SepticSmart Week intends to raise awareness about septic systems

(SKAGIT COUNTY)- On Monday, Sept. 17, the U.S. Environmental Protection Agency – along with federal, state and local government and private sector partners – will kick off its sixth annual SepticSmart Week to encourage homeowners and communities learn more about, and properly maintain their septic systems. SepticSmart week runs Sept. 17 though Sept. 23

More than 26 million homes in the U.S. – or one in five households – depend on septic systems to treat wastewater. Locally, Skagit County Public Health tracks the status of more than 18,000 on-site sewage systems (OSS). If not maintained, failing septic systems can contaminate groundwater and harm the environment by releasing bacteria, viruses, and household toxics to local waterways. Proper septic system maintenance protects public health and the environment and saves the homeowner money through avoided costly repairs.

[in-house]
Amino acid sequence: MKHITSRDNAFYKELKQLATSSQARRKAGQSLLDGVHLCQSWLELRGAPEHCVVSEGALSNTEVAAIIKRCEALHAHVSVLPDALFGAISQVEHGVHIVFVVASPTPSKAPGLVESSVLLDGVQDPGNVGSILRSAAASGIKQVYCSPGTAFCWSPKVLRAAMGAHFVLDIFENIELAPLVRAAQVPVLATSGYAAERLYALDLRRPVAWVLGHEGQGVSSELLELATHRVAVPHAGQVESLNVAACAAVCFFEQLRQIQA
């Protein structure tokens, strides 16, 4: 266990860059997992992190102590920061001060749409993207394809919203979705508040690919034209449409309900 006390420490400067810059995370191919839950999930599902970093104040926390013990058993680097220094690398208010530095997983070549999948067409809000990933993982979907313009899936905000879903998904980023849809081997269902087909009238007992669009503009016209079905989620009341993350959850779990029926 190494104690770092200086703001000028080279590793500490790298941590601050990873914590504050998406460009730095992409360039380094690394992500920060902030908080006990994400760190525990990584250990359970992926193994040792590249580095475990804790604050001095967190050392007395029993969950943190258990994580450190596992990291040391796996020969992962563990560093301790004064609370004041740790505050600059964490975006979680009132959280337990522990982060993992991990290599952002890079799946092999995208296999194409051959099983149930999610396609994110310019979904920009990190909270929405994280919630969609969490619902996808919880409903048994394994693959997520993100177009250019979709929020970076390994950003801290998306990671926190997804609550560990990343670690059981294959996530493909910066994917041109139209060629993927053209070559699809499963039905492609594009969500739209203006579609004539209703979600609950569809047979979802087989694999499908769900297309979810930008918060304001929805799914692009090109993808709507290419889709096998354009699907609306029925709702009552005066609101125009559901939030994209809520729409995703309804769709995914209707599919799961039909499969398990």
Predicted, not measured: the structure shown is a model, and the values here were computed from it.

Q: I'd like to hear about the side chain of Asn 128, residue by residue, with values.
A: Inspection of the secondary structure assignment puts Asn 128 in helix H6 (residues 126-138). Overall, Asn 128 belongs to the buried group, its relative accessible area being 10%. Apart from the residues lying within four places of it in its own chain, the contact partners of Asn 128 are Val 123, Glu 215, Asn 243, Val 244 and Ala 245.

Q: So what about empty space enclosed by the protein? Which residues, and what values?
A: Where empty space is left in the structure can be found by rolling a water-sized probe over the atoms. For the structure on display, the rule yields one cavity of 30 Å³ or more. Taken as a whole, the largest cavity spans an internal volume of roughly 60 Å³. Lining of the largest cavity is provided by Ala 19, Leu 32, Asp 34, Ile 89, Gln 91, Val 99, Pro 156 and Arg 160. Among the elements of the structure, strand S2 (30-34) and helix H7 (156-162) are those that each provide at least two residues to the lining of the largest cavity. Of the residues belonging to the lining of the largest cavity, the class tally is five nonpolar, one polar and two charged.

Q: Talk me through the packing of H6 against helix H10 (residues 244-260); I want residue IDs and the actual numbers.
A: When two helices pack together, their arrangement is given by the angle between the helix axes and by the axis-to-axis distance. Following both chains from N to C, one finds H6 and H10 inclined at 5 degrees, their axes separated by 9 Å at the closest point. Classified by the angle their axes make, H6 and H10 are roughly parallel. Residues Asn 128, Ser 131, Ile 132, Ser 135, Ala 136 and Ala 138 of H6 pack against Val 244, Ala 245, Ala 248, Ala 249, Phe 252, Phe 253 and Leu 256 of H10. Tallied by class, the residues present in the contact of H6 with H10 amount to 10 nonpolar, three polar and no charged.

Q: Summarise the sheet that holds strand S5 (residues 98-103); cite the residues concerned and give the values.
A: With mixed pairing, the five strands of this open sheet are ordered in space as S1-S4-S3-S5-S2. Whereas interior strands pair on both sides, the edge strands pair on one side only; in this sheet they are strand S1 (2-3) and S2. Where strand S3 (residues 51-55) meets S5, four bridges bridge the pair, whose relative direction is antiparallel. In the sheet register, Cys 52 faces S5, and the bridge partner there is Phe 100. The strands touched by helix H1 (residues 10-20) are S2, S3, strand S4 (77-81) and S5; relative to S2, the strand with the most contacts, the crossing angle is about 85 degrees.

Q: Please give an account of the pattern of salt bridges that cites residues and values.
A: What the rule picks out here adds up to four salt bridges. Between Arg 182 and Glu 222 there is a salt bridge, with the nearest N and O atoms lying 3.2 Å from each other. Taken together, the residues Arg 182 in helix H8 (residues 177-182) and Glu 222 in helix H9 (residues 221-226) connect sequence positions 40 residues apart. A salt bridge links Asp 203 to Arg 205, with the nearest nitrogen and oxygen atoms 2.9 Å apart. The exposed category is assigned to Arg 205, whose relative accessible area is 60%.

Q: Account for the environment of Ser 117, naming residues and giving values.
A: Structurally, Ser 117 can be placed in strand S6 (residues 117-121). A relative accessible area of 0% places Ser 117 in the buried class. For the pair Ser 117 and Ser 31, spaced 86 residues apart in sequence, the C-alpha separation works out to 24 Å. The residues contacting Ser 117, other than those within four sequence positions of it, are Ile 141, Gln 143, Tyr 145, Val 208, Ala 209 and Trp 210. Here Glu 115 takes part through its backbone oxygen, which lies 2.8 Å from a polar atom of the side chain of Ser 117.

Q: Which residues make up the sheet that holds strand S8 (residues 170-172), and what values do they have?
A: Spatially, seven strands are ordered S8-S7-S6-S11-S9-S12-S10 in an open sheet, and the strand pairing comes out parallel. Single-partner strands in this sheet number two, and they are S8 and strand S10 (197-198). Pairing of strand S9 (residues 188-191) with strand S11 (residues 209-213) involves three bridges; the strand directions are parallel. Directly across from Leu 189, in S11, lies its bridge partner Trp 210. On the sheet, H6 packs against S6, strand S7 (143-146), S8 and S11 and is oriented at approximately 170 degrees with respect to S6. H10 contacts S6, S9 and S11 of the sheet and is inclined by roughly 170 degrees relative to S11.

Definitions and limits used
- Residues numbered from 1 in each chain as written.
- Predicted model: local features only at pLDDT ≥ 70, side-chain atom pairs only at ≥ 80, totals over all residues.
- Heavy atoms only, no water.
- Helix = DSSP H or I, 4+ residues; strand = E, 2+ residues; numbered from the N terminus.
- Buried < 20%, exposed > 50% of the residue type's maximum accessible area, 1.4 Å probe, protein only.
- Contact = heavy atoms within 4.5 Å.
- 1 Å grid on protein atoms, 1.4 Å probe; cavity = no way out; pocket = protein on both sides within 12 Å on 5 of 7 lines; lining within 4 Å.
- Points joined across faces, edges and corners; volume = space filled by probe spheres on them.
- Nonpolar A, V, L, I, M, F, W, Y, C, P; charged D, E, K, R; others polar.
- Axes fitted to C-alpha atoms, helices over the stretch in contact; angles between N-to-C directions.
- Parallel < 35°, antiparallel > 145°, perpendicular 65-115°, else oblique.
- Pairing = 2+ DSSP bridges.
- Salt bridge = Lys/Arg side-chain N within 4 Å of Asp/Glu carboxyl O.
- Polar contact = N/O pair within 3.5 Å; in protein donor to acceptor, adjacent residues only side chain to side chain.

Look for tips on the SepticSmart Week website ( and on Skagit County social media pages to help you better understand and protect your septic system:

1. Protect it and inspect it! Regular septic system maintenance can save homeowners thousands of dollars and protect public health.

2. Think at the sink! What goes down your drain has a big impact on your septic system. Avoid harsh chemicals and use cleaners and detergents in moderation.

3. Don’t overload the commode! A toilet is not a trash can. Disposable diapers and wipes, feminine hygiene products, cigarette butts, cat litter and much more can damage your septic system.

4. Pump your tank! Ensure your septic tank is pumped at regular intervals as recommended by a professional and or local permitting authority.

5. Don’t strain your drain! Use water efficiently and stagger use of water-based appliances (such as washing machines and dishwashers) to avoid a backup of your septic system into your house.

6. Shield your field! Tree and shrub roots, cars and livestock can damage your drainfield.

7. Keep it clean! If you have a well, many things can contaminate your drinking water, such as a failing septic system. Test your well water regularly!

Find more information online at and at For questions or more details, please contact Samantha Russell at or 360-416-1566.